There is a rea­son – and it’s not just you

Your Pregnancy - - Talking Point - YP BY TORI HOFF­MAN

It’s no se­cret that preg­nant women are tired women. And if you’re feel­ing like you just can’t go on – at work, at home, or wher­ever you may be try­ing to func­tion – know that you’re not alone. Ex­haus­tion dur­ing preg­nancy is com­pletely nor­mal.


“Phys­i­o­log­i­cally, there are a lot of good rea­sons why you might be tired when preg­nant,” says gy­nae Dr Philip Zinn at the Kings­bury Hos­pi­tal in Cape Town. “A baby’s prime pur­pose is to com­mand the re­sources of its mother, and the mother comes se­cond. It does this by mak­ing sure that it gets pref­er­ence for cir­cu­la­tion, pref­er­ence for oxy­gen and pref­er­ence in terms of nu­tri­tional re­quire­ments. Ev­ery heart­beat, ev­ery en­zyme ac­tion, ev­ery cell that’s grow­ing (at a very fast rate) in your baby, comes from your en­ergy,” he says.


Blood pres­sure plays a big role in fa­tigue when preg­nant. You’re not able to ad­just your blood pres­sure as quickly as when you’re not preg­nant and when you fall preg­nant, your blood pres­sure drops. Low blood pres­sure is a nat­u­ral state of preg­nancy. Once you get to your se­cond trimester, it goes down to its low­est point and while it starts to pick up through the preg­nancy, it still re­mains, on av­er­age, low. “The hor­mones of preg­nancy and the need to shed ex­tra heat ac­tu­ally cause blood ves­sels to di­late and re­main di­lated even when the blood pres­sure is too low for you. “This is why when you’re ly­ing down and you stand up too quickly, your blood pres­sure doesn’t equalise fast enough and you might feel faint and fall over,” says Dr Zinn.


Hae­moglobin is the iron-con­tain­ing pig­ment of the red

blood that trans­ports oxy­gen from your lungs to the rest of your body. Its lev­els also drop dur­ing preg­nancy be­cause your blood is di­luted, and the thin­ner blood cir­cu­lates more eas­ily through the pla­centa. “What’s more, the baby has a dif­fer­ent kind of hae­moglobin which will grab oxy­gen from the mother even if the mother’s lev­els are low – yet another rea­son your baby is tir­ing you out,” ex­plains Dr Zinn. “As a re­sult of the greater oxy­gen de­mands your heart has to work more vig­or­ously dur­ing preg­nancy and your re­serves are pri­ori­tised for your baby. All of this is tir­ing,” he says.


Not only is your sleep dis­turbed when you’re preg­nant be­cause you’re uncomfortable (in the third trimester), it’s dis­turbed all the way through preg­nancy be­cause of high oe­stro­gen lev­els that act as a stim­u­lant. “High oe­stro­gen lev­els make you more sen­si­tive to all stim­uli and deep sleep is a thing of the past. Per­haps this is why – once you have your baby – you might wake up to your baby’s cries while your part­ner sleeps peace­fully all night long. The point is, you’re at­tuned to sleep lighter and as a re­sult, end up tired in the morn­ing,” says Dr Zinn.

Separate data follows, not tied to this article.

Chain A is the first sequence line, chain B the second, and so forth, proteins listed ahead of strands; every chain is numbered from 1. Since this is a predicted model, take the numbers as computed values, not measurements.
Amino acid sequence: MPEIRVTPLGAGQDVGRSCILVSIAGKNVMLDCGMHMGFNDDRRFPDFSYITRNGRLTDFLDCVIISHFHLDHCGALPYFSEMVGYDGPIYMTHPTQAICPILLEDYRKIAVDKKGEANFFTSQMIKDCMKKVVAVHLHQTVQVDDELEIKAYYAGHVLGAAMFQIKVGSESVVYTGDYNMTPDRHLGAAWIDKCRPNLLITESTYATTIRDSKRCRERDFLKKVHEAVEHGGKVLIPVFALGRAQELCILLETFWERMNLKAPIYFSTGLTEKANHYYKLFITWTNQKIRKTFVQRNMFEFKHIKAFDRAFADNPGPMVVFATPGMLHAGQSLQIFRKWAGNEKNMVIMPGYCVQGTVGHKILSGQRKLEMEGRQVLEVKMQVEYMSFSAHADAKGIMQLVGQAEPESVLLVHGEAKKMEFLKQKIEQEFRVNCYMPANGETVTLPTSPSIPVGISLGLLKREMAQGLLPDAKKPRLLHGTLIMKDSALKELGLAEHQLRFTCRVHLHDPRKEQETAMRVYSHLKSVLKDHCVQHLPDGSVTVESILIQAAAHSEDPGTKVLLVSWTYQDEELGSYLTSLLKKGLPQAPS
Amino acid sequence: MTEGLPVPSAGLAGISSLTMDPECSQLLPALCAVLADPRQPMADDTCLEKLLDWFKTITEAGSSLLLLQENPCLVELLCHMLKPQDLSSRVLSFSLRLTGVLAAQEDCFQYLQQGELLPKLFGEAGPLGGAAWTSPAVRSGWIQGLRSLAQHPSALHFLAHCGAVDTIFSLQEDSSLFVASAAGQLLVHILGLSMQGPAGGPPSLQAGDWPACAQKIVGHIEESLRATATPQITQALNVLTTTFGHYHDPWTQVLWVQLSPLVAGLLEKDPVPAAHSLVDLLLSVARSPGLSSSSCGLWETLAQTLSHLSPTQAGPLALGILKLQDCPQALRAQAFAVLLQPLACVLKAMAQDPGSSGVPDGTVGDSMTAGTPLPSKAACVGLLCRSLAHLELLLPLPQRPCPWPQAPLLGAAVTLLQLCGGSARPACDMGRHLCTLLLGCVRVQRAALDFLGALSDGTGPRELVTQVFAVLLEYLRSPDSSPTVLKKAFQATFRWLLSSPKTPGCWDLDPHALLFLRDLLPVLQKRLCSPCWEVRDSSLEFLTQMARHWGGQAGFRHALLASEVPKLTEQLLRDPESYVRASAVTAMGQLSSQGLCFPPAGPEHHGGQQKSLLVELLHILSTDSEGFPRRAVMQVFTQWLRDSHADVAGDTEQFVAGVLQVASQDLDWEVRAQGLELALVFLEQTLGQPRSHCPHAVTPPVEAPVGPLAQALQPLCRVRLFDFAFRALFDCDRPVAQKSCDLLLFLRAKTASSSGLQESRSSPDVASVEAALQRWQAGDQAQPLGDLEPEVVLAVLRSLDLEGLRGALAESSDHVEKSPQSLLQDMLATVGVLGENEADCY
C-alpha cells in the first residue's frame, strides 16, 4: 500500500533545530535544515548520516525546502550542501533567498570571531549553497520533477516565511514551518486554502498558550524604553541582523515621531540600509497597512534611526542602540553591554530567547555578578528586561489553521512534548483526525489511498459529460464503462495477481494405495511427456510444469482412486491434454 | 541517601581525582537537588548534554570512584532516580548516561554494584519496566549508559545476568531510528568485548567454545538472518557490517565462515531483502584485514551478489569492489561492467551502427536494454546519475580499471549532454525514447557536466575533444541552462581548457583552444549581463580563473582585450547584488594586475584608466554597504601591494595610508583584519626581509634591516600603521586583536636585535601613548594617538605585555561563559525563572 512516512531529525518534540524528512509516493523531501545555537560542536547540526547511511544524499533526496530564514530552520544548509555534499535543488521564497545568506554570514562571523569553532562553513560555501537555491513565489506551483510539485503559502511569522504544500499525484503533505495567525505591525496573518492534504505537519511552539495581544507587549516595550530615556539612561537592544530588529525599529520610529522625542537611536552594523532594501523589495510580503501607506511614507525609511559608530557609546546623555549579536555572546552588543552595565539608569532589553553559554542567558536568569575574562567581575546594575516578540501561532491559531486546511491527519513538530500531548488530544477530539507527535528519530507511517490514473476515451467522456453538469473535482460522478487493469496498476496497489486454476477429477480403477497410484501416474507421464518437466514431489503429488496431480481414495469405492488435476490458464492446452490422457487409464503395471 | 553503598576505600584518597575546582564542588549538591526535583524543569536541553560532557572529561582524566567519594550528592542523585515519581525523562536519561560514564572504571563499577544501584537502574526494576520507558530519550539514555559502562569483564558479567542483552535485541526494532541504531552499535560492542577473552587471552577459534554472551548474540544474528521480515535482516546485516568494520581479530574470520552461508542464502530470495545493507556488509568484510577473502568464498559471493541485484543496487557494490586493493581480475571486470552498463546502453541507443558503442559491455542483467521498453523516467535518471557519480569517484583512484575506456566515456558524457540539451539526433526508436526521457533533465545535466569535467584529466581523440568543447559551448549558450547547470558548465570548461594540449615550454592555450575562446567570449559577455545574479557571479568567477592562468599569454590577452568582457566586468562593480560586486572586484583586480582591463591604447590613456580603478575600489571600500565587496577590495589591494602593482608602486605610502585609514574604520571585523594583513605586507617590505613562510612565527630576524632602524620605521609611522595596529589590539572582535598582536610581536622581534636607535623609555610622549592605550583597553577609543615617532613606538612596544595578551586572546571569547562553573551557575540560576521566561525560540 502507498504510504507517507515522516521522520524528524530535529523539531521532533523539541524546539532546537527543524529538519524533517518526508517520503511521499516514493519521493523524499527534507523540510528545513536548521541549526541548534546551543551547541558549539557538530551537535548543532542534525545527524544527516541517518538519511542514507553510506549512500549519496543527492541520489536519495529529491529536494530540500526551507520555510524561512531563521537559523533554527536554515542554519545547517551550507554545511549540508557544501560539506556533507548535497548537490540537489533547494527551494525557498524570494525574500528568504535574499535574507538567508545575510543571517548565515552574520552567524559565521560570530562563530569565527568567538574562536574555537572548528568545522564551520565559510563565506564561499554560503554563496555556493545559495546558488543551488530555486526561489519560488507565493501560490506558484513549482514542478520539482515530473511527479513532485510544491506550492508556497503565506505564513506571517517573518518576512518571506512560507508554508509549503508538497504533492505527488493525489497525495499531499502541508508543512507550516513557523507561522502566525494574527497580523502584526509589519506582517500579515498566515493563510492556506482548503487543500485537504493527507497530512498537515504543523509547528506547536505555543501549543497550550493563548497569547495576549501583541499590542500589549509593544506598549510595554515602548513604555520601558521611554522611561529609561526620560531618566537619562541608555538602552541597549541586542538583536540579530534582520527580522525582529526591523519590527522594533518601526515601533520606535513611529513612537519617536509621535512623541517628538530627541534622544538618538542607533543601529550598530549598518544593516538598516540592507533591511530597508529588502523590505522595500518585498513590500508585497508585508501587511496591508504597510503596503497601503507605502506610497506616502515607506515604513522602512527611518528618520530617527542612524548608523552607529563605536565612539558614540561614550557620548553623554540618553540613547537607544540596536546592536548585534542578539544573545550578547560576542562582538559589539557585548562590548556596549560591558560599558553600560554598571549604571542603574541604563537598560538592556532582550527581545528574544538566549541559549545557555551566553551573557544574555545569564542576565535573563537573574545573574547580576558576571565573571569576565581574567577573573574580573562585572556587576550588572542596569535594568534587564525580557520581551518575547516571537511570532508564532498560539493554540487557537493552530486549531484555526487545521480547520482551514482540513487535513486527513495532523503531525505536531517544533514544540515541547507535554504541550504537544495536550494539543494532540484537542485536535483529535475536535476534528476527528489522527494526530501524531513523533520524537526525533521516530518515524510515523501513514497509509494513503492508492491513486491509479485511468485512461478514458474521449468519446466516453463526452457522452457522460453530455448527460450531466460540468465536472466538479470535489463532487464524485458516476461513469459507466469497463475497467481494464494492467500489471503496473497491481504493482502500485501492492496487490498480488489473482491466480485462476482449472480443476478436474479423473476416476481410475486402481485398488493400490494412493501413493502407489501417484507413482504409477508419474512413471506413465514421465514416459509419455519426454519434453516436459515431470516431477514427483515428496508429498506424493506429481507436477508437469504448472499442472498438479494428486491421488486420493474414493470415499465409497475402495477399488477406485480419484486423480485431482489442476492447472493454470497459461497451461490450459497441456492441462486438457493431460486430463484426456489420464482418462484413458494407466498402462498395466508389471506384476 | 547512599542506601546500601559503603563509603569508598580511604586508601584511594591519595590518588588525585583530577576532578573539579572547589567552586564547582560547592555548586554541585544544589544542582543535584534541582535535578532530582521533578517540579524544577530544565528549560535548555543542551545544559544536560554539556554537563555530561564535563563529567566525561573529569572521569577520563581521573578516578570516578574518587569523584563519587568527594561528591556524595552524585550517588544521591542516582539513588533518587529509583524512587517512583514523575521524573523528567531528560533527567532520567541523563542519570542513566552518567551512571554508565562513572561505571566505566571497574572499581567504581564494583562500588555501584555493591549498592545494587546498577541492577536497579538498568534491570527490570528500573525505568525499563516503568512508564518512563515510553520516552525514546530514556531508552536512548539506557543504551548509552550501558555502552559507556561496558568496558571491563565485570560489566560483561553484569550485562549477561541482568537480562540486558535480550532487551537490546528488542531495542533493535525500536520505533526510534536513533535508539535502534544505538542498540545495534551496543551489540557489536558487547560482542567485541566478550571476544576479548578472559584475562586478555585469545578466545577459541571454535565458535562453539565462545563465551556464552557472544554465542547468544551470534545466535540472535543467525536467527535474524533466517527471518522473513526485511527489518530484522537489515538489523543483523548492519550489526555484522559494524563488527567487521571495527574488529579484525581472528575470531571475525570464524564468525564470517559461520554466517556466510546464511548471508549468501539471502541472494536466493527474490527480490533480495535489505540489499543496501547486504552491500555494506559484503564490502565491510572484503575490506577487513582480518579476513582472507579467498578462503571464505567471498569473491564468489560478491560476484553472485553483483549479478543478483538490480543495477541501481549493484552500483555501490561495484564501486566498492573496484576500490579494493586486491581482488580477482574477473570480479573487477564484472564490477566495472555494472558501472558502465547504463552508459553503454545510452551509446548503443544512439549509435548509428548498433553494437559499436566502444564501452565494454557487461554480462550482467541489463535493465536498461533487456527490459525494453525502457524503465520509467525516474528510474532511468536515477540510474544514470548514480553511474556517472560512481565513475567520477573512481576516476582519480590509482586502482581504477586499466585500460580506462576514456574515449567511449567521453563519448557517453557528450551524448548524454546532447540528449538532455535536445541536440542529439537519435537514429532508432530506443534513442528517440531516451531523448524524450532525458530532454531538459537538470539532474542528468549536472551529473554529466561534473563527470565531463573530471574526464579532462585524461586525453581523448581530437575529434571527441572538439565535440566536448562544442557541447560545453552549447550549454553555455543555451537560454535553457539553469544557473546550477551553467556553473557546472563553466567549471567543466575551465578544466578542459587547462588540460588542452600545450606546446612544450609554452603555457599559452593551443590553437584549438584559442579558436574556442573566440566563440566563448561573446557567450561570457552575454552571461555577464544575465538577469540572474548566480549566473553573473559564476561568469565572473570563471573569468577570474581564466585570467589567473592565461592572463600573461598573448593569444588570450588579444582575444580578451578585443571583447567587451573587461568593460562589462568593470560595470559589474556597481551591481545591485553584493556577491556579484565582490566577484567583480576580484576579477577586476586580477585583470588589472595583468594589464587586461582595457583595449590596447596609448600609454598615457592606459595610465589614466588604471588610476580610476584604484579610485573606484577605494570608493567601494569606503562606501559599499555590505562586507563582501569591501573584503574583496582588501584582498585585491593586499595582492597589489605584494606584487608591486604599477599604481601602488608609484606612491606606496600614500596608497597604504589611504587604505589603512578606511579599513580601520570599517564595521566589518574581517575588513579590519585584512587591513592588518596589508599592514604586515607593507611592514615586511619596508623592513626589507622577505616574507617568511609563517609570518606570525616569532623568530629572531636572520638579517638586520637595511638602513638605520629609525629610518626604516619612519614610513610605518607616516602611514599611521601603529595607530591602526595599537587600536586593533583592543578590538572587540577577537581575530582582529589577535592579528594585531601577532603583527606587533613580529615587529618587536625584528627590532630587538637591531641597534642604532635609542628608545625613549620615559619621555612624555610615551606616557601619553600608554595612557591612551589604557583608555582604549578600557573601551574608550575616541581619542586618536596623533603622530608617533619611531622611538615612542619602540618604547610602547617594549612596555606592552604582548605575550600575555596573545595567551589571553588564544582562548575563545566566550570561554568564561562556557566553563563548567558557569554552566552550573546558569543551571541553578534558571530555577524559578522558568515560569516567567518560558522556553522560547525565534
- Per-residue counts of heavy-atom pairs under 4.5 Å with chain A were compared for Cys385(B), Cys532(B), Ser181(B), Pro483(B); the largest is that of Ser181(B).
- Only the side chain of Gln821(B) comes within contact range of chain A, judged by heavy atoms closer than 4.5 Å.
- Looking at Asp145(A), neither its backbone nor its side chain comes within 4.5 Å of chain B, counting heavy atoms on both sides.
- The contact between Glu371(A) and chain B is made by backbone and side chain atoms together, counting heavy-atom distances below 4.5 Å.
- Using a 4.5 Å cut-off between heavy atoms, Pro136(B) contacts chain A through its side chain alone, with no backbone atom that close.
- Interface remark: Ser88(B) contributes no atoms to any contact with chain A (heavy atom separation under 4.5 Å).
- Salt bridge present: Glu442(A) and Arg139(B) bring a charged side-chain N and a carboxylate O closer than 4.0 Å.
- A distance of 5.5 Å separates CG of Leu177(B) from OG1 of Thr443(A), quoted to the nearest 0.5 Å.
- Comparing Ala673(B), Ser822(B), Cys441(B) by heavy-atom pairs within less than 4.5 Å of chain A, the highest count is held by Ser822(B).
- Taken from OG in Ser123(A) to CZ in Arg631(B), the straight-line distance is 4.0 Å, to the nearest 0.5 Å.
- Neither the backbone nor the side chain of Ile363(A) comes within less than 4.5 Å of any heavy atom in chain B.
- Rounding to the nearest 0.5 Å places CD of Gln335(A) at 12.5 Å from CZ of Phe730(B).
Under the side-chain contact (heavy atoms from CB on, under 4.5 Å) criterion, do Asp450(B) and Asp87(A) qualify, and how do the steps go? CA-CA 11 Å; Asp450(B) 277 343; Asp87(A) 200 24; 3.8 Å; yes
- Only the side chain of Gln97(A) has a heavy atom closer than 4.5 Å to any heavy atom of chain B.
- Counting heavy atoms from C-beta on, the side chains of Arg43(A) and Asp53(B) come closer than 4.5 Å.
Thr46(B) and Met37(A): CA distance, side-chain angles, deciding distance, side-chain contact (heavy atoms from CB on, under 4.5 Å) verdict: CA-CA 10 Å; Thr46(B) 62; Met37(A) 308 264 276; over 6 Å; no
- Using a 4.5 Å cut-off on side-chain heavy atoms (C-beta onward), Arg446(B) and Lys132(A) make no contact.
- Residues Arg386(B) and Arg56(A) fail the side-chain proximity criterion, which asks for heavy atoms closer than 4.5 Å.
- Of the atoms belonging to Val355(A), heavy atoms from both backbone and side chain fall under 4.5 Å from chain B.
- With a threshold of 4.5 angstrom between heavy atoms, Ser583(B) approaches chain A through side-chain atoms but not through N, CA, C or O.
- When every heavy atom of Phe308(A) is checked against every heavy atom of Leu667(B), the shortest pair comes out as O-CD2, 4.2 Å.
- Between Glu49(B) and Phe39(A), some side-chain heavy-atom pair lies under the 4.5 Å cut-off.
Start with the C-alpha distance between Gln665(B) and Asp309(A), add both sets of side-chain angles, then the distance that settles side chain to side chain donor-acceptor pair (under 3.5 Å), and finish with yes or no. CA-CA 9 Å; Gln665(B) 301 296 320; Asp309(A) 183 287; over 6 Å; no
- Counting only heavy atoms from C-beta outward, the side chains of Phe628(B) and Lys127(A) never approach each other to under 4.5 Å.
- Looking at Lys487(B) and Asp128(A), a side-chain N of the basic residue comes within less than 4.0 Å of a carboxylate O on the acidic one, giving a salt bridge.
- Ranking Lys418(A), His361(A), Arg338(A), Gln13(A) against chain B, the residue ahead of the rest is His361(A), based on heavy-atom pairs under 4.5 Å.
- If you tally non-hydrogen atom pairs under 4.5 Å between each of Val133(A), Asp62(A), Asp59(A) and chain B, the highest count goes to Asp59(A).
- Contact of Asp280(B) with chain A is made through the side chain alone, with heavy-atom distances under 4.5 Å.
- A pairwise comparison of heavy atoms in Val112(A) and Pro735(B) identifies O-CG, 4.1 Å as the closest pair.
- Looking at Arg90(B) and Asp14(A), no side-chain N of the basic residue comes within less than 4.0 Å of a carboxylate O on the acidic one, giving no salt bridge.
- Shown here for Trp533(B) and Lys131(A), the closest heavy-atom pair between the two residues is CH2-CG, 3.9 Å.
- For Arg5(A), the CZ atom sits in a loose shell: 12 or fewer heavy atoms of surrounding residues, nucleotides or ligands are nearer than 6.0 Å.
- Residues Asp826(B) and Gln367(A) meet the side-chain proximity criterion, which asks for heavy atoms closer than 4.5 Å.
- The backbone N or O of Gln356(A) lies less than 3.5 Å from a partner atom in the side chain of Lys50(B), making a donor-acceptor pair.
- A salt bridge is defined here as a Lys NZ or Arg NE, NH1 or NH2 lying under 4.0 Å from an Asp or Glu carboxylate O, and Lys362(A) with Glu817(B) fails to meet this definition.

Ac­cord­ing to Dr Zinn, many women feel fine in their first trimester, but there are a lot of phys­i­o­log­i­cal changes and in­creased en­ergy de­mands that af­fect how you feel. If you’re used to run­ning around but are also suf­fer­ing from nau­sea and painful breasts and with a lower blood pres­sure, you’ll prob­a­bly be feel­ing very tired. Most notably, it’s a stark con­trast to how you felt be­fore. “In the se­cond trimester, your blood pres­sure drops even fur­ther and if you were able to re­lax in your first trimester, you will feel more tired in your se­cond trimester when your blood pres­sure is at its low­est (around 16 weeks or so), and you might want to sleep all the time,” he says. From about the 18-to-20week mark, you will most likely feel a re­newed en­ergy. “And 20 to 28 weeks is a nice time for all sorts of rea­sons – one of the main rea­sons is hav­ing the re­as­sur­ance that ev­ery­thing is okay with the baby and the plea­sure of feel­ing baby move.” The weight of the preg­nancy is more man­age­able at this time. The anx­i­ety of the first and se­cond trimesters can be quite sig­nif­i­cant and there are lots of psy­cho­log­i­cal buoy­ancy ef­fects that might give you more en­ergy. “As the third trimester ad­vances, me­chan­ics will of course take over. Ev­ery­thing will start to creak, your cen­tre of grav­ity shifts, your mus­cles and lig­a­ments start to take strain and you’re con­stantly car­ry­ing a baby in front of you,” says Dr Zinn, ex­plain­ing that your body needs more en­ergy to deal with aches and pains.


One of the most com­mon patho­log­i­cal rea­sons Dr Zinn sees for ex­haus­tion dur­ing preg­nancy are the com­mon ill­nesses that ev­ery­one else gets. “When you’re preg­nant, your im­mune sys­tem is com­pro­mised and you’re more vul­ner­a­ble to coughs and colds. You may also not re­cover fully from a cold be­fore the next one comes along,” he says. He also stresses that so­cial is­sues – for ex­am­ple, de­mands at work, other fam­ily mem­bers, and the in­abil­ity to be able to just go and lie down when you’re tired – can leave you feel­ing ex­hausted. “Stress can and does have a phys­i­o­log­i­cal ef­fect on the body, leav­ing it tired.” Lastly, he be­lieves that so­ci­ety doesn’t have em­pa­thy for preg­nant women. Not only are they ex­pected to carry on at the same pace as be­fore (even though they are func­tion­ing for two), but women work un­til 38 weeks, ex­er­cise as be­fore and carry on at the same pace. No won­der you are ex­hausted.

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